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On the road to natural gas in the waste and recycling industry

Insight from Cummins Westport President Jim Arthurs, on the origins, success and future of the driving force behind the switch from diesel

On the road to natural gas in the waste and recycling industry

 by Keith Barker, Editor, Recycling Product News

Cummins Inc., the global engine manufacturer, and Westport Innovations Inc., the Vancouver-based innovator of natural gas engine technology, both started working on natural gas powered engines in the 1980s. Westport began as a research project at the University of B.C. and became a company in 1995. In 2001, Westport formed a joint venture with Cummins to form Cummins Westport Inc. Since 2001, the two companies have worked together on the development and introduction to market of spark-ignited natural gas powered engines based on Cummins’ diesel platform.   

In the past 12 years since the joint venture was formed, over 34,000 Cummins Westport natural gas powered engines have been sold globally, mainly into the transit/bus sector. Since 2008 however, according to Cummins Westport President Jim Arthurs, one of the most active and growing segments for natural gas powered engines in North America has been the waste recovery and recycling industry, where the company has sold about 8,000 units to date.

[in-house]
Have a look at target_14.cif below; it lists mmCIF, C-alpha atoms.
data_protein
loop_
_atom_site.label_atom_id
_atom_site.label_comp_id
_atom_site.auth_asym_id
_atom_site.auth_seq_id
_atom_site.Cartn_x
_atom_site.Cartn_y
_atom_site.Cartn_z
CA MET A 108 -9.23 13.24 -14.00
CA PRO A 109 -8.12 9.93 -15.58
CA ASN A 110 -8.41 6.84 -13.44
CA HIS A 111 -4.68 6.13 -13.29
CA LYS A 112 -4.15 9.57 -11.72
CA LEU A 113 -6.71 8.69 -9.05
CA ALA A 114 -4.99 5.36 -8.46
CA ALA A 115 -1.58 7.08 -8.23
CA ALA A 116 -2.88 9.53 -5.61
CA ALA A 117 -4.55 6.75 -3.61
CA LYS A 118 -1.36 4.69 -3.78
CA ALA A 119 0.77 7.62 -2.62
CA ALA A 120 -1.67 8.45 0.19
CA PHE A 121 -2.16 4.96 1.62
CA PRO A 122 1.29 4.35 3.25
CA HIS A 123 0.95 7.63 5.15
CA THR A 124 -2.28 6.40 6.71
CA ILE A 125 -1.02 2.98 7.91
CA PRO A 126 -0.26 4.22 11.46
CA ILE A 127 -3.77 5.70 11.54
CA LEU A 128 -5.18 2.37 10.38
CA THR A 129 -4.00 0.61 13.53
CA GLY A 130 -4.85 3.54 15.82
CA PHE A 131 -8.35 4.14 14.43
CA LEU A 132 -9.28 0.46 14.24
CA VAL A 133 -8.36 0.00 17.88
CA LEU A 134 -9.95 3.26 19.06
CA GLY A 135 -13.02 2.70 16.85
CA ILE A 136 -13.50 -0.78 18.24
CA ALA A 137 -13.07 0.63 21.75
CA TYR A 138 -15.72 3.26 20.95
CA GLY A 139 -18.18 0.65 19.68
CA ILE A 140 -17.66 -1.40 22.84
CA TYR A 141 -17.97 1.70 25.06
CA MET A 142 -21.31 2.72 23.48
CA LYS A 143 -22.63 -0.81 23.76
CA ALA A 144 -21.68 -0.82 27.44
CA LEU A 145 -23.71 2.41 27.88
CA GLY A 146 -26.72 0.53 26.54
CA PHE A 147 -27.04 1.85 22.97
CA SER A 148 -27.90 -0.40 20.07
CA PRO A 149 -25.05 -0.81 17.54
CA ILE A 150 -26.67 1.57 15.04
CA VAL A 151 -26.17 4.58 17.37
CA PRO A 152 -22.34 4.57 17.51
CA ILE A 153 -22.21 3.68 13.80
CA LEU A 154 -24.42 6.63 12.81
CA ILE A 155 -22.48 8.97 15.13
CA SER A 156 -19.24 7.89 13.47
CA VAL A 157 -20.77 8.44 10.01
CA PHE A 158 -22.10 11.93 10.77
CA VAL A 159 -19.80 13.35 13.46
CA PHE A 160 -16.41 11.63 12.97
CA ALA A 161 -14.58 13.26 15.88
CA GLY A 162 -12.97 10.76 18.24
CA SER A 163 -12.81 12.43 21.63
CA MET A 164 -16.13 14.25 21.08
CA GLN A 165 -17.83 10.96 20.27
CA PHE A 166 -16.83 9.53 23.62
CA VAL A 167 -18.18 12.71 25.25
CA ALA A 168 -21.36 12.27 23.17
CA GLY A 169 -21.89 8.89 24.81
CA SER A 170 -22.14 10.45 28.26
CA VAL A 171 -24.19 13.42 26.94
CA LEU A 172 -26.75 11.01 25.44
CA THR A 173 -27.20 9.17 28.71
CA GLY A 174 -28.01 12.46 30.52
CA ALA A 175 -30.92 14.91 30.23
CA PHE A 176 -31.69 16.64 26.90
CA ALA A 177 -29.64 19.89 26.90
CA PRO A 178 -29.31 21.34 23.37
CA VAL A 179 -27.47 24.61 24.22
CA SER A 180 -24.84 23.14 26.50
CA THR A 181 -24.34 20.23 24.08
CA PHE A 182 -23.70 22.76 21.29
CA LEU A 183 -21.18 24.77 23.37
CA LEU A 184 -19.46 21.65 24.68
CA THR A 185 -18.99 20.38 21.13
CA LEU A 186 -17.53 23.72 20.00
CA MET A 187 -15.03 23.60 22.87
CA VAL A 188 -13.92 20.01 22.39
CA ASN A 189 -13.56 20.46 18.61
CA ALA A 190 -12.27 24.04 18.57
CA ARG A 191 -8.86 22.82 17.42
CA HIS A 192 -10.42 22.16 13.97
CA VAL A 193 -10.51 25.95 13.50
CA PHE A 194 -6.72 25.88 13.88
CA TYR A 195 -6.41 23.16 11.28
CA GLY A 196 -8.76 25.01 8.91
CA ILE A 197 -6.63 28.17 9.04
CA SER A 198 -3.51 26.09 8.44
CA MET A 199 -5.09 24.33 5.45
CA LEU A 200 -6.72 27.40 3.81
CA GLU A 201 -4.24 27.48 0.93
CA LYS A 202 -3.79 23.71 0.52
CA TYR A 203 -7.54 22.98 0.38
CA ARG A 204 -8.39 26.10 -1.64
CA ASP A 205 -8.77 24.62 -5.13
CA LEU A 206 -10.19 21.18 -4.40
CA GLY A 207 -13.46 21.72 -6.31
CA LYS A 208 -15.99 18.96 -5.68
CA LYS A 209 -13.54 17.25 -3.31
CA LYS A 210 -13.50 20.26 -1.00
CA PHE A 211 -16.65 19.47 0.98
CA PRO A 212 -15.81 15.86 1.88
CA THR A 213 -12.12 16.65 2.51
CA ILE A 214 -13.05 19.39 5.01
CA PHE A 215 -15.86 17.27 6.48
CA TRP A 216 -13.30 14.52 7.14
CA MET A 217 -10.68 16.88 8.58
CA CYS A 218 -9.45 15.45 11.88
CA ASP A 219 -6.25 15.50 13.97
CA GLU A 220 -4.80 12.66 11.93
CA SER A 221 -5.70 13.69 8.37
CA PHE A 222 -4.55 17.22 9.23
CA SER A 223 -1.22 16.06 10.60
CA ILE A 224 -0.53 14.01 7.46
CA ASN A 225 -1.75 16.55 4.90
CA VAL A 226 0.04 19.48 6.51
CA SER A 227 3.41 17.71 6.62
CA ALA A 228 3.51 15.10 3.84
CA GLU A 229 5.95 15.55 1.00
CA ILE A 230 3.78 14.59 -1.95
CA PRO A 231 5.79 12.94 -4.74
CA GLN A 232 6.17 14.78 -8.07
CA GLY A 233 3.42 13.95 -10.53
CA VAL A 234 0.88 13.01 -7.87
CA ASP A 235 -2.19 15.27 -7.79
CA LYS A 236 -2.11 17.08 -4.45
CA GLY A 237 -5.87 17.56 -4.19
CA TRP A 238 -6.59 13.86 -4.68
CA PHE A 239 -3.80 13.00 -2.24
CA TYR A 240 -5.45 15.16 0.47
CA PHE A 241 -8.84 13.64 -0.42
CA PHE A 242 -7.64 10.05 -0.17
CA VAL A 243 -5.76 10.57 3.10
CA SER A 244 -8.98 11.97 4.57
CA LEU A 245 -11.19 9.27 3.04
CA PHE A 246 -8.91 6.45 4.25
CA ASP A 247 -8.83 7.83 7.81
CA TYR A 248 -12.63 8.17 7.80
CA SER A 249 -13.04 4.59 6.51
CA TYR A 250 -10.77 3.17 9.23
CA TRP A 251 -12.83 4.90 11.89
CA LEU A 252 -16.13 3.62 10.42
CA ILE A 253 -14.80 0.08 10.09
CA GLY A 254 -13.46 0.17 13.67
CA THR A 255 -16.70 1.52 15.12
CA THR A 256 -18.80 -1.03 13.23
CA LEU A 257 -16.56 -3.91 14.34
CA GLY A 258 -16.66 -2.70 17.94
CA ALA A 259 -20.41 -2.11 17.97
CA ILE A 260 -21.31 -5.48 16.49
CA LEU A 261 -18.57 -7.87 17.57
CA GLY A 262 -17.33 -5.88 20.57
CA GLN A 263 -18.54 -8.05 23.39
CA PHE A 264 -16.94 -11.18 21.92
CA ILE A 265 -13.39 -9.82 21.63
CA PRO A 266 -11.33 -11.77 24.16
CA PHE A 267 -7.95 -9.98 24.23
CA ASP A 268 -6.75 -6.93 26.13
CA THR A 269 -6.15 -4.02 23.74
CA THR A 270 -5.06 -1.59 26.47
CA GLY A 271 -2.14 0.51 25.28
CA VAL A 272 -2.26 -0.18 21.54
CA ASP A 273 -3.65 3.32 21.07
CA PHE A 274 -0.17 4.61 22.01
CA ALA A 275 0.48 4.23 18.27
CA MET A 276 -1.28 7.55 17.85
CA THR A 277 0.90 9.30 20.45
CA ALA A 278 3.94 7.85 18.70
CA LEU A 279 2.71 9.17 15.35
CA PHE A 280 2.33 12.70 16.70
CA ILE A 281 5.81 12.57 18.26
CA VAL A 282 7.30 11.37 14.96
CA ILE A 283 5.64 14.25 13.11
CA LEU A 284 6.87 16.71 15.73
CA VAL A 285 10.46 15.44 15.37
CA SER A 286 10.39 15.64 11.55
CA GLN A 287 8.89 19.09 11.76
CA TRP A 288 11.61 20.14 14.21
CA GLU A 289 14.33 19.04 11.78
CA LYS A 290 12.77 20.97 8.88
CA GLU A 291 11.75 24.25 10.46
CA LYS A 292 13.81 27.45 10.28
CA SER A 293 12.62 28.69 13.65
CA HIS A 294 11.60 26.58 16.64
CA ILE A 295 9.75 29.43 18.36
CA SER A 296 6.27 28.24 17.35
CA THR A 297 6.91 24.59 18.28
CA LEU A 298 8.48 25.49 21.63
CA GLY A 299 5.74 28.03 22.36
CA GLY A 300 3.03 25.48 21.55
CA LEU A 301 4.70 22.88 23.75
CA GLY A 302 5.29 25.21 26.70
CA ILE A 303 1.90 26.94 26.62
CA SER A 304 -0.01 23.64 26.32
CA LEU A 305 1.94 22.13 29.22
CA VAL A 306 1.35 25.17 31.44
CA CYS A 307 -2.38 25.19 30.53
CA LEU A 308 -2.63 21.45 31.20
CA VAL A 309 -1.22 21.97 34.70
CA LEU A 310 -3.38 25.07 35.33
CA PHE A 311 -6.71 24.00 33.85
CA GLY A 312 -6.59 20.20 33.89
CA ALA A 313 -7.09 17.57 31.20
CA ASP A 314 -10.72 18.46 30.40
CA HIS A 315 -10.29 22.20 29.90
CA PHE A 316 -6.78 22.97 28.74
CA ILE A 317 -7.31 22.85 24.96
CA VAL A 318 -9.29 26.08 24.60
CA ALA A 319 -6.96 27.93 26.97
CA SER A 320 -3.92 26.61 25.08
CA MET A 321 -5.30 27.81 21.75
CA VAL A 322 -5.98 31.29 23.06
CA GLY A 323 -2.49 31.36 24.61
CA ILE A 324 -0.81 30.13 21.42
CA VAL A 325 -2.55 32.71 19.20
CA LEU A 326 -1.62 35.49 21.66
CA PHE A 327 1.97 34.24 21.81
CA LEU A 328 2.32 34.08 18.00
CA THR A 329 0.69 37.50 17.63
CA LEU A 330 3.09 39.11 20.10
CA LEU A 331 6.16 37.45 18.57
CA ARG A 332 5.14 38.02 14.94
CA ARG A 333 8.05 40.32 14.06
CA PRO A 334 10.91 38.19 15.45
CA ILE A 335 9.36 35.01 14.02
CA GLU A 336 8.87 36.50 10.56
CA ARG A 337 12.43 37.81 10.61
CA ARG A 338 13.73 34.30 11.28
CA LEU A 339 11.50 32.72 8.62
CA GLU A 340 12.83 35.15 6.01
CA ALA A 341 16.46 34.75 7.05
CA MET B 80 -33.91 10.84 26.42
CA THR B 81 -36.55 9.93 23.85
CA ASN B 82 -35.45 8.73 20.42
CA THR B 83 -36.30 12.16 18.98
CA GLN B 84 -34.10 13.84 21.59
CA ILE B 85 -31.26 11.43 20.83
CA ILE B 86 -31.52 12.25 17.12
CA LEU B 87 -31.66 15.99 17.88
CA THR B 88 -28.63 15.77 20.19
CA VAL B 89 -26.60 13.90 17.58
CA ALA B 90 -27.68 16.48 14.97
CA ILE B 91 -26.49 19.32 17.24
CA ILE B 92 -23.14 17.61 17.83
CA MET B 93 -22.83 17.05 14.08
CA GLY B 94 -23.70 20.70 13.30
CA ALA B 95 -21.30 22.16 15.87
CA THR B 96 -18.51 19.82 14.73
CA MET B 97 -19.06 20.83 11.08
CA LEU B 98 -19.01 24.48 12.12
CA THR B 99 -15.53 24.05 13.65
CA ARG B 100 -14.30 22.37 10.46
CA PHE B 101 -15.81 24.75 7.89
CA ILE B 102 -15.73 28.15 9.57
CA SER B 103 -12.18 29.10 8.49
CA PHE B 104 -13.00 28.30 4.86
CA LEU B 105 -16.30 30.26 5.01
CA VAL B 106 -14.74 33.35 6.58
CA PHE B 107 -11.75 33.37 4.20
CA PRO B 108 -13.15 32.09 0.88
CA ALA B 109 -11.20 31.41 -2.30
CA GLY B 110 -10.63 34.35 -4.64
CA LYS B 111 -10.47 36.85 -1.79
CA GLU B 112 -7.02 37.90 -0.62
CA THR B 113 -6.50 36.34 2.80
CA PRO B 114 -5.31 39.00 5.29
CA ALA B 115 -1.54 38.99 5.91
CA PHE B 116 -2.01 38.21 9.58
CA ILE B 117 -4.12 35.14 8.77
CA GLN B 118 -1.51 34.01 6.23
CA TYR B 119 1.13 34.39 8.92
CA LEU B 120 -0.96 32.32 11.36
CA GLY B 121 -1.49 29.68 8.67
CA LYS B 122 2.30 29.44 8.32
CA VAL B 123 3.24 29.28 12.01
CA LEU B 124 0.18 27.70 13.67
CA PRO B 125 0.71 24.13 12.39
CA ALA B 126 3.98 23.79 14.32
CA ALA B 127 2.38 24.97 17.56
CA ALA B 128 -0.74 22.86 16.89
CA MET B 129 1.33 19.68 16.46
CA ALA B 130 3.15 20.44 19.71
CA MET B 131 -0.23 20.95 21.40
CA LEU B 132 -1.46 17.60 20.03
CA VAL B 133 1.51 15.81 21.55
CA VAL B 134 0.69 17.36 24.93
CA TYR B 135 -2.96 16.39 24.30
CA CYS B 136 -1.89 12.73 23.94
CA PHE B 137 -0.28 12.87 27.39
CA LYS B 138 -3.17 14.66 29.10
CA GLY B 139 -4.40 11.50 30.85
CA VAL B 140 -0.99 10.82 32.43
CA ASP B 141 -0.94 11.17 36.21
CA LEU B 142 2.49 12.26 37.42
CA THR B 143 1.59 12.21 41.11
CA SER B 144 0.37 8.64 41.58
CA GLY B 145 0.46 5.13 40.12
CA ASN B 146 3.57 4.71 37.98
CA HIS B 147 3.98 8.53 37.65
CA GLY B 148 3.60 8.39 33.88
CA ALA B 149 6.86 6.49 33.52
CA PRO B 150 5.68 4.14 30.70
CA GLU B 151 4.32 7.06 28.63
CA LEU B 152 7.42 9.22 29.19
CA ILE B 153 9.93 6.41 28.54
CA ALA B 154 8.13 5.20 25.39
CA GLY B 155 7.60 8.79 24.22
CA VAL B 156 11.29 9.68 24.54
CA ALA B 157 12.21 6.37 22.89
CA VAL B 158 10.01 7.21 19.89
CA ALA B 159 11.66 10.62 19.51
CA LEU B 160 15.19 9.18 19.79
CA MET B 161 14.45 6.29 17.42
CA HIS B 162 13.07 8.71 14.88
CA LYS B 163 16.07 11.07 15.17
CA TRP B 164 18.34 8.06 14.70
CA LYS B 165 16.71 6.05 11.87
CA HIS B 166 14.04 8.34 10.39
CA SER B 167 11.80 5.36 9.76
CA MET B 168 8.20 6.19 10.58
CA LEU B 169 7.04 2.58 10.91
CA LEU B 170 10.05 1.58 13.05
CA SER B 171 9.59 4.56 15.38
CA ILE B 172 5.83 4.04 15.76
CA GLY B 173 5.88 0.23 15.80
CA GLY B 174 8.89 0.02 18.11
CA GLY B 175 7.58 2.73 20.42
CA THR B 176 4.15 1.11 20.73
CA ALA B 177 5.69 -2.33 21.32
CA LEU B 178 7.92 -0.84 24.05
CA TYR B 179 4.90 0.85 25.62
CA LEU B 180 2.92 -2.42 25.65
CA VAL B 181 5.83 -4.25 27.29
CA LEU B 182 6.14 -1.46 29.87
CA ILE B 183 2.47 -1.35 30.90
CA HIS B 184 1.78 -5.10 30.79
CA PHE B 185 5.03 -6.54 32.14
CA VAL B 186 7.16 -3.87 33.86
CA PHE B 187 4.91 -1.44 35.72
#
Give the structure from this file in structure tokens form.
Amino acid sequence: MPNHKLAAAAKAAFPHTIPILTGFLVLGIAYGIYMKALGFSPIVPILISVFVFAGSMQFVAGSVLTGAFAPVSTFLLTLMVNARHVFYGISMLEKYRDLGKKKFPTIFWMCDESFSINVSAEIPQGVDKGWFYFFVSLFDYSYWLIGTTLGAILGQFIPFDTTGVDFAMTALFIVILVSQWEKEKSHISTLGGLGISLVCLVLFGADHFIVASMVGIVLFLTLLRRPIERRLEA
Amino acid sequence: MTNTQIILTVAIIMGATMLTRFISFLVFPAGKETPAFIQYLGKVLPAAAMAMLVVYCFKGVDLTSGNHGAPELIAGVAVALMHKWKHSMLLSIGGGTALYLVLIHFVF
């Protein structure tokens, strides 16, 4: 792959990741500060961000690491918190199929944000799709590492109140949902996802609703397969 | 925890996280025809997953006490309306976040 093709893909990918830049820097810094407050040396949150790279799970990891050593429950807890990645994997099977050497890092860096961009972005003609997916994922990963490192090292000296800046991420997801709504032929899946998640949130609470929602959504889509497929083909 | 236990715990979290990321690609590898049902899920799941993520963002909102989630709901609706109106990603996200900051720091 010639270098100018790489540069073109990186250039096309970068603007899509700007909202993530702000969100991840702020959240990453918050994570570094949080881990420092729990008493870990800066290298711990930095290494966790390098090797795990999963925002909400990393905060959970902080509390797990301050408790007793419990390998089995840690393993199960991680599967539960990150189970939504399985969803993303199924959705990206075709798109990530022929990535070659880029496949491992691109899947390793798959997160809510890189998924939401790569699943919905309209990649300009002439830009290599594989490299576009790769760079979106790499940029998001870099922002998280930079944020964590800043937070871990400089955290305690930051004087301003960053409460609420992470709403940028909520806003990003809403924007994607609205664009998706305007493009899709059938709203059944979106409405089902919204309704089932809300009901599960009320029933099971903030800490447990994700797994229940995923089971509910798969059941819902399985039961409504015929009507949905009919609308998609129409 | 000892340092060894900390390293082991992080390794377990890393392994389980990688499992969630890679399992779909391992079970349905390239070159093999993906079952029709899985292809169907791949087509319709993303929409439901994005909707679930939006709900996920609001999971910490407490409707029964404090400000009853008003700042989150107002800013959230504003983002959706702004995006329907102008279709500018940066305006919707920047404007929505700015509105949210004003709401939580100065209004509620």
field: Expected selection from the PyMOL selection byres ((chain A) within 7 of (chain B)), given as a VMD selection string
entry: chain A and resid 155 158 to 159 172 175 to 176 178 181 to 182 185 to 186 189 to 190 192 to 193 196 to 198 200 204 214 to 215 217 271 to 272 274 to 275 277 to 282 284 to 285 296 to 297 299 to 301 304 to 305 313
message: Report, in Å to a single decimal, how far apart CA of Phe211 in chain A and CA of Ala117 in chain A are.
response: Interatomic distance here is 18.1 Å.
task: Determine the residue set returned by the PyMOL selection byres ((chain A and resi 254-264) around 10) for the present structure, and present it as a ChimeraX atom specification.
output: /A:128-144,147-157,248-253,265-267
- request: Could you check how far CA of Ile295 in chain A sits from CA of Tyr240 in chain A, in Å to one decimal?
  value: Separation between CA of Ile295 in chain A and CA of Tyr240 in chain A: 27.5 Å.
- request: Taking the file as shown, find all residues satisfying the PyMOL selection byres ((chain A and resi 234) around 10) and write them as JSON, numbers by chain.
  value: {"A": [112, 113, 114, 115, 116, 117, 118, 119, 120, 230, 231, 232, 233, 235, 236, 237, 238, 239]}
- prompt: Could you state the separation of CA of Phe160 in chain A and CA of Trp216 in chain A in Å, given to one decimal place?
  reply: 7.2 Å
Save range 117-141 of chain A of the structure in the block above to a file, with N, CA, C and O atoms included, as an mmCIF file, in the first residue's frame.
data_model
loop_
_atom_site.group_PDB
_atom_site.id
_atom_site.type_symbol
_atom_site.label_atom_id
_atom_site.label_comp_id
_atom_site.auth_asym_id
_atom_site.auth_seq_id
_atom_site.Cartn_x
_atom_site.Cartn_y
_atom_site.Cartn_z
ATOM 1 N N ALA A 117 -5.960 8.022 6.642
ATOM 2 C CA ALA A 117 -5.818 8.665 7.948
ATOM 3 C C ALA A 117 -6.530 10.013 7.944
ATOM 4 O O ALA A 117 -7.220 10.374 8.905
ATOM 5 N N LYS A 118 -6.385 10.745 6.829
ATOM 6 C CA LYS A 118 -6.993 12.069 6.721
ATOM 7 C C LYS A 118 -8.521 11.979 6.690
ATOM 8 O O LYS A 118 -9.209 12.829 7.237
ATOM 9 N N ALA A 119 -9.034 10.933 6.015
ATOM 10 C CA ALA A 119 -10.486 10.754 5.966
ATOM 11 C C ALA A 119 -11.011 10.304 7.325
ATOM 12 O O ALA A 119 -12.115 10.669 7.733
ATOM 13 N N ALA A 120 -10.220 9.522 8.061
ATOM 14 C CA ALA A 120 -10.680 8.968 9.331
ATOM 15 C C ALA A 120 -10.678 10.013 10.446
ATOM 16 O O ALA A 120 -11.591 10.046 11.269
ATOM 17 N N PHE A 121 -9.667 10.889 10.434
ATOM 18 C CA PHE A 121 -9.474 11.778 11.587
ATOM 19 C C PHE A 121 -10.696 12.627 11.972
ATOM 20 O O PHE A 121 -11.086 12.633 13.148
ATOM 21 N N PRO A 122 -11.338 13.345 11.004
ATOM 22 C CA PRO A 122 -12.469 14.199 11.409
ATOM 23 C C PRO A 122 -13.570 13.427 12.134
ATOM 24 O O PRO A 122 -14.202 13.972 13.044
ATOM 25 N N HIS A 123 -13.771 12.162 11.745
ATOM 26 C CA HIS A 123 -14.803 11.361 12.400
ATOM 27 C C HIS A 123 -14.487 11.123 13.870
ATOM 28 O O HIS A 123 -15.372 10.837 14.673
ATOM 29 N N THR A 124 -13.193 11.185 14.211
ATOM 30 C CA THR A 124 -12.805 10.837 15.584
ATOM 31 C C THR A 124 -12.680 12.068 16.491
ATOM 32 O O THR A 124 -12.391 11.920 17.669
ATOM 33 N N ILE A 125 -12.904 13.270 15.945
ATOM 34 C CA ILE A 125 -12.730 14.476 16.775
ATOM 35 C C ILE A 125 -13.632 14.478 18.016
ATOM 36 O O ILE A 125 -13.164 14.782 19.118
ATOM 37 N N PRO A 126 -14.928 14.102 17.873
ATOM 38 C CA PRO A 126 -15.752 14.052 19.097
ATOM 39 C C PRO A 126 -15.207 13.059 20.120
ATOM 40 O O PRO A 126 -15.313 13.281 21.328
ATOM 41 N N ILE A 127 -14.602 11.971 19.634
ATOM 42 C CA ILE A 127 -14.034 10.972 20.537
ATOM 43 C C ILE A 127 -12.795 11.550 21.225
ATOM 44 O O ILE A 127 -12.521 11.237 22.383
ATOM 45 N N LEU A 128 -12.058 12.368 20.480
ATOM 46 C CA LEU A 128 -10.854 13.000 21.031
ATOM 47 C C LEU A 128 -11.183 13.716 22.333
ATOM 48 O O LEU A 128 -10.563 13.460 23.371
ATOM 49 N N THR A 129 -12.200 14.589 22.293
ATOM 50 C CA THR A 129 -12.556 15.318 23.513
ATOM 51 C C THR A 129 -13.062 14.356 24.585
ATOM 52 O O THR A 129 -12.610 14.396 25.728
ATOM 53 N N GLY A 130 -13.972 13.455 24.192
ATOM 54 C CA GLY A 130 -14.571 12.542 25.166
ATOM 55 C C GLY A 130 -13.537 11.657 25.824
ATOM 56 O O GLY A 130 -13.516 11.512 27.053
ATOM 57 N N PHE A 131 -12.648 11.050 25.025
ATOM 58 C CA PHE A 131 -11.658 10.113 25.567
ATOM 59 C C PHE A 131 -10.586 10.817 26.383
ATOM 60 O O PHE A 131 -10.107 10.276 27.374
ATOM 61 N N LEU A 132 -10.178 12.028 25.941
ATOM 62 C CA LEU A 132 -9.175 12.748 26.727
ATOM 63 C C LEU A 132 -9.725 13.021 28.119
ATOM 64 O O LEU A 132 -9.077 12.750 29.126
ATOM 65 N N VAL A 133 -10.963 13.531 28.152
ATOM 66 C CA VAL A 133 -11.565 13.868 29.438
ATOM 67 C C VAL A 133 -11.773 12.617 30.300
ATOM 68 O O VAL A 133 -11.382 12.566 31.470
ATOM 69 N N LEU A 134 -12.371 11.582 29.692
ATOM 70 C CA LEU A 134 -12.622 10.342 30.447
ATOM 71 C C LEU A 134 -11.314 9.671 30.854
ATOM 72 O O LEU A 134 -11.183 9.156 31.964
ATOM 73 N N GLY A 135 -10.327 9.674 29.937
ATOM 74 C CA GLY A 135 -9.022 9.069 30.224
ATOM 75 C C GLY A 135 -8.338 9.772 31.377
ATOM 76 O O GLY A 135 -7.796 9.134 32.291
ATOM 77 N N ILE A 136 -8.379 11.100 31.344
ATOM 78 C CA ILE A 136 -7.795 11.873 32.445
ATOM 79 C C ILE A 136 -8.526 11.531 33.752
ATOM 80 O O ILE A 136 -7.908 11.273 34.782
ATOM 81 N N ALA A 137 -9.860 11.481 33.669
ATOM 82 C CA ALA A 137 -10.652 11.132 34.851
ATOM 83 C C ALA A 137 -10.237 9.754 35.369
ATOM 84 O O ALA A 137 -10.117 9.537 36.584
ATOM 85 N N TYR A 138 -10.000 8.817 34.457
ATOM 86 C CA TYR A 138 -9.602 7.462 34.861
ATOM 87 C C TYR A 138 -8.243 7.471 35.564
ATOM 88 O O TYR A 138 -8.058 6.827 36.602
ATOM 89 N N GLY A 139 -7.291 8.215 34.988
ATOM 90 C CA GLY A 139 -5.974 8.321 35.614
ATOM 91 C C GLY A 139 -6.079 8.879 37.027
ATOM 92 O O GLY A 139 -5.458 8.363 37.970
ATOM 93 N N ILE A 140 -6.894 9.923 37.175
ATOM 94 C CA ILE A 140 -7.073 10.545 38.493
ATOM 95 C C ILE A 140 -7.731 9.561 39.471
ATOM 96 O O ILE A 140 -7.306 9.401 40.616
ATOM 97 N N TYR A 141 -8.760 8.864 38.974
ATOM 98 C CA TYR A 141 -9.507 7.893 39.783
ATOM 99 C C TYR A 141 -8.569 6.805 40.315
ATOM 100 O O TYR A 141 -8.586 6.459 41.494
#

The first natural gas engine from Cummins Westport went into a refuse application in 2002, and in 2007 the ISL G 8.9 litre natural gas engine was introduced. Currently, the Cummins Westport ISL G 8.9 litre natural gas, spark-ignited engine, which uses either compressed natural gas fuel (CNG) or liquefied natural gas fuel (LNG), is the “workhorse” of the non-diesel-powered refuse/recycle segment, and Cummins Westport is the only supplier of this type of engine in North America.

“This was the engine with the right kind of size and power profile for a refuse/recycle truck,” says Arthurs. “Prior to that, the engines were a bit too small. The 8.9-litre gives us 320 horsepower and up to 1,000 lb-ft of torque, so it’s a pretty good engine as far as power goes.” “Then what we saw in 2007 was that things took off in refuse,” Arthurs continues.

“To give credit where it’s due, the initial player, the primary driver of this was Waste Management. They were the first to look seriously at using natural gas engine technology on a large scale. They made a very big commitment.”